The News of the World newspaper quotes opening batsman Yasir Hameed as saying Pakistan players are throwing matches.
”They were doing it in almost every match,” Hameed was quoted as saying by the News of the World newspaper. ”God knows what they were up to. Scotland Yard was after them for ages.
”It makes me angry because I’m playing my best and they are trying to lose.”
Hameed played in last week’s fourth test against England, in which Mohammad Asif and Mohammad Amir are alleged to have deliberately bowled no-balls in conspiracy with bookmakers.
The International Cricket Council suspended Asif, Amir and test captain Salman Butt this week while it investigates them for various offenses under the sport’s anti-corruption code.
The ICC has not detailed the charges, which followed a sting operation detailed in last week’s News of the World that alleged that a middleman accepted payment in exchange for the deliberate no-balls in the match at Lord’s, which Pakistan lost by an innings and 225 runs for its worst ever test defeat.
The ICC has called it the biggest fixing scandal to hit cricket for a decade. The News of the World said its Sunday edition will claim that a fourth Pakistan player is being investigated by the ICC, but that he cannot be named for legal reasons.
The tabloid said Butt, Amir and Asif face a total of 23 charges from the ICC. The captain of Pakistan’s limited overs teams has apologized to cricket fans for the controversy.
Shahid Afridi said Saturday that the players in the squad for the remaining two Twenty20 and five one-day matches against England were upset by the allegations.
”On behalf of these boys, I know they’re not in this series, I want to say sorry to all cricket lovers and all cricketing nations,” Afridi said.
”It’s very bad news,” Afridi said ahead of Sunday’s first Twenty20 in Cardiff. ”It’s a big challenge for me as captain but we’re all ready. The coach and I are not talking about the issue _ we are here to play cricket.”
The trio were released without criminal charge after being questioned by London police on Friday but could be banned from cricket for life if found guilty.
The Pakistan Cricket Board’s legal adviser said Saturday that Butt, Amir and Asif have denied knowledge of any alleged wrongdoing by the middleman, agent Mazhar Majeed.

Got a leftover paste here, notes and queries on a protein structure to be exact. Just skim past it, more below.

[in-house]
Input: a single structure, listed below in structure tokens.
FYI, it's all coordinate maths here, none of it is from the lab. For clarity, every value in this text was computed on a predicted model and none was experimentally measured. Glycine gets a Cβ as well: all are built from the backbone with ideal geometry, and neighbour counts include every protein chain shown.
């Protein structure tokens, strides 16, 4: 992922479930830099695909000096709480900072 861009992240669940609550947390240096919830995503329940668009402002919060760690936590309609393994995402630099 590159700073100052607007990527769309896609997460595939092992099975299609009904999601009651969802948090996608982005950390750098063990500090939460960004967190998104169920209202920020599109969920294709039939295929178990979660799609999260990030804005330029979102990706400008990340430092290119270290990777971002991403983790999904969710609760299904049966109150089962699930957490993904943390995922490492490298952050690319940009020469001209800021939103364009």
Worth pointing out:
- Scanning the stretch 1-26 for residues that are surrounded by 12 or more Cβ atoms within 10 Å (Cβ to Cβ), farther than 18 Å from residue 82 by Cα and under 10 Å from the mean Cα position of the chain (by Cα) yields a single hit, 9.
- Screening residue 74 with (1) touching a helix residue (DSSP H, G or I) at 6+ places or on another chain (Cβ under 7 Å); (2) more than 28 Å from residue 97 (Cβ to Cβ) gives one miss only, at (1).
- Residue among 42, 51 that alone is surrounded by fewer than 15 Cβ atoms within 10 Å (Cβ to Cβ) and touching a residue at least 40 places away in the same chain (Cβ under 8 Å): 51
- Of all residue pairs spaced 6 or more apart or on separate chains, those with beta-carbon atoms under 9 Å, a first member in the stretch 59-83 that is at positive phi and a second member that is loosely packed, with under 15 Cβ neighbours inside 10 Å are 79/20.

”The players have informed the police that the man was their agent, but they had no knowledge,” about his alleged wrongdoing, Tafazzul Rizvi told private television channels in Pakistan.
The News of the World has accused Majeed of acting as a middleman, accepting money in exchange for getting Asif and Amir to bowl intentional no-balls.
”I’ve told the boys, ‘don’t read the newspapers,”’ Afridi said. ICC chief executive Haroon Lorgat said Friday the allegations that the case was the most serious case of corruption since South Africa captain Hansie Cronje was banned for life 10 years ago.
Cronje admitted to forecasting results in exchange for money from a London bookmaker, prompting the ICC to create its Anti-Corruption and Security Unit (ACSU).
The News of the World said that its Sunday edition will include proof that Pakistan High Commissioner Wajid Shamsul Hasan was mistaken in his assertion that the paper recorded Majeed discussing the timing of the no-balls after they were bowled on Aug. 26.
Hasan, Pakistan’s top diplomat in Britain, has accused the ICC of bias for banning the players while police are still looking into the case.
”After the shocking, arbitrary and high-handed suspension of the three Pakistani cricketers through the ICC’s uncalled for action, nothing is coming to me as a surprise,” Hasan said in a statement Friday. ”Rather, my apprehensions that there is a rat in the whole affair are being strengthened.”
Lorgat has denied that the charges were evidence of bias and said the ICC was committed to maintaining the country’s status as a full member of the body. -AP